MEDINA, Ohio — Since he was five years old, Russ Farnsworth had a good idea of what his life’s occupation would be.
He grew up on his family’s Medina County dairy farm, and that meant spending a lot of time around cows and farm equipment — but it also meant attending local auctions with his father.
And back on the farm, he’d practice his own auctioneer’s chant.
“Out here doing chores and stuff, I probably sold most of those cows two or three times and then I’d sell the tractors,” Farnsworth said. “It’s a wonder we got any work done.”
There were a few times when he tried to sell his sister, Amanda, but, he says jokingly, no one ever paid him for her.
Farnsworth, now 26, is a licensed auctioneer and realtor, and although he pretended to sell the family’s cows as a kid, the family still operates a dairy operation that includes 84 milk cows and more than 400 acres of crops.
Russ attended Reppert School of Auctioneering and has been a Realtor since 2008, working under the name Farnsworth Auctions.
He said the farm life gave him an edge when it came to selling farm items and tools, but along the way he’s learned a lot more, like how to sell antiques and collectibles, real estate and firearms.
In fact, he recently started a branch within his company, called Firearms Ohio. He sold about $200,000 worth of guns in 2014, and they’ve become a specialty for him.
Related: Learn more about Farnsworth Auctions.
Amanda, 23, attended the Vet Tech Institute at Bradford School in Columbus. She now works as a registered veterinary technician at All Creatures Veterinary Clinic of Rittman.
Like her brother, the farm life helped prepare her for her career.
All Creatures only works on small animals, but if one behaves aggressively, Amanda said her co-workers often give it to her — figuring if she can handle cows, she can handle the misbehaving animal.
“You just grow up in this lifestyle,” she said. “You know it’s something you have to do and you learn not to be afraid of stuff, and to take on challenges.”
Russ and Amanda are both 4-H advisers, for the Sharon Livewires 4-H Club.
The farm has faced challenges over the years — including urbanization and development. Medina County, within an hour of Cleveland, experienced a rapid growth in housing in the 1980s that saw farms disappear and allotments take over.
According to the National Agricultural Statistics Service, the county had more than 170 dairy farms in the late 1970s, and today has only 44.
That’s had a big impact on the Farnsworth farm, especially for Russ and Amanda’s parents, Dave and Lorrie Farnsworth.
“Our biggest challenge right now is you never know what you’re going to be farming in this area — there’s so many houses and developments,” Dave Farnsworth said.
Dave said people often don’t believe him, but since he graduated high school in 1977, 23 different farms that they rented are now housing developments.
“You really never know what’s going to happen up here,” he said.
The one thing they can control is their own farm, which includes 196 acres, plus another 250 acres they rent.
Keeping it simple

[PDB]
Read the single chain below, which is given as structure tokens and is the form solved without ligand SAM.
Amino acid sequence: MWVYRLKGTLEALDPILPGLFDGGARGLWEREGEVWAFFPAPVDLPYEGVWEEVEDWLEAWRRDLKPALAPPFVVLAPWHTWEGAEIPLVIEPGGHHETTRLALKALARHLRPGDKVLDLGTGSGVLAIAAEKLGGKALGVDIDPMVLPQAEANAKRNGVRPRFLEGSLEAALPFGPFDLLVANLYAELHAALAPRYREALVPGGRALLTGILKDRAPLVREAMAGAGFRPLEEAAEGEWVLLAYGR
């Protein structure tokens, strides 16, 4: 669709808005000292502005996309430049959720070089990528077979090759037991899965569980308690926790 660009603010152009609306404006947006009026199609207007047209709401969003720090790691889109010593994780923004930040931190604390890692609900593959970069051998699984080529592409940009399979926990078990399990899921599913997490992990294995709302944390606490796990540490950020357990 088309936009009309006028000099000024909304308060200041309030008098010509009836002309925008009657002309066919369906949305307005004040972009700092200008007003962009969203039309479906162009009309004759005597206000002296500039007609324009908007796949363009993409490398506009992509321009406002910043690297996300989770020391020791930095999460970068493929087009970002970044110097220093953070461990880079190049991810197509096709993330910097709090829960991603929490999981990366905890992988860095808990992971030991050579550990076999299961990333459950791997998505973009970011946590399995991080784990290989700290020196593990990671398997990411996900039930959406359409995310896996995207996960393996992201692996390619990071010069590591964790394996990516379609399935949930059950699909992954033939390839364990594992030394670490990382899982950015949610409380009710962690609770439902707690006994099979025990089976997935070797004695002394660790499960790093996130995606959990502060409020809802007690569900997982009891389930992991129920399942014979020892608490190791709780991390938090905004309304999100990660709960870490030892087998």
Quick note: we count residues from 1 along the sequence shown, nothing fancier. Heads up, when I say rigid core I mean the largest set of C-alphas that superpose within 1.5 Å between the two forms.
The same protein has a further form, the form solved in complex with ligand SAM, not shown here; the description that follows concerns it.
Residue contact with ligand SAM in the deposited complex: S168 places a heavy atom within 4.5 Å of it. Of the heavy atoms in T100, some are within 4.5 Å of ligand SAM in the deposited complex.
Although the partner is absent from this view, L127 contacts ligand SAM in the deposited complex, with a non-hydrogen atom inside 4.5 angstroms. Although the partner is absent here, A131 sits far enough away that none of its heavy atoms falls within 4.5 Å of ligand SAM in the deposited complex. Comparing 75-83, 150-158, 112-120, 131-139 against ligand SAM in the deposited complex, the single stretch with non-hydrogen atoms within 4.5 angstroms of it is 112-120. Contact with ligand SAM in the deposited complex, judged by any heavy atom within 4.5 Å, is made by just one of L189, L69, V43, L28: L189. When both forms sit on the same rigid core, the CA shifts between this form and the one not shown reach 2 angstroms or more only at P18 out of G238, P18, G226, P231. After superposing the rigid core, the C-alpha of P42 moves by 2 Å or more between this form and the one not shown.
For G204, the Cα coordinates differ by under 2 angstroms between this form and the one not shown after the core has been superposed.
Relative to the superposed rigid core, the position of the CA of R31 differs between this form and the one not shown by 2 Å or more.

The Farnsworths try to approach things with an even keel, and, as Dave Farnsworth puts it, some of the farm is a little “old-fashioned.”
There’s still ear corn in the crib and they feed grain in the milking parlor — a small double four. But things on the farm are paid for, and that’s part of their goal — to avoid debt.
“We’ve always showed profits,” Dave said, adding that naturally, “some years aren’t as good as others.”
Lorrie Farnsworth said they really don’t have a “farm philosophy” — instead, they just try to do things that work.
Dave and his family have milked cows in the same neighborhood for decades. His current farm dates back to 1962, and the herd goes back to about 1910, when it was started by Dave’s grandfather, Walter.
Dave’s wife, Lorrie, became a neighbor when she was just 8 years old. Her family moved to the area from Monroe Falls, an urban area, but it didn’t take her long to fall in love with the country life, and the neighbor boy.
“I’ve adjusted well,” she adds, and now helps with the milking and calf care.
There are no major expansions planned at the farm, but Dave Farnsworth said they plan to continue it at about the size it is today. In a normal growing year, they’re able to raise most of their own feed to support the herd.
Crops include about 65 acres of corn that is picked, plus corn silage, hay and 30-60 acres of small grains.
The Farnsworths do pride themselves on one recent technological advancement, a bale wrapper.
Russ Farnsworth said he was skeptical when his parents bought it — but he’s now the main operator. The wrapper reduces the amount of drying time the hay requires, and protects it from the weather throughout the year.
The Farnsworths also upgraded their milk tank to a sizable 2,000-gallon tank, which extends the storage time between milking and when the milk truck comes.
But getting bigger really isn’t the goal.
With their children now working most of their time off the farm, the Farnsworths are most interested in keeping the herd “self sufficient.”
That means balancing the cows with the acreage, and trying their best to grow their own feed.
“We’re at a pretty nice size and we’ve got enough land in a good crop year to support the dairy,” Dave Farnsworth said.
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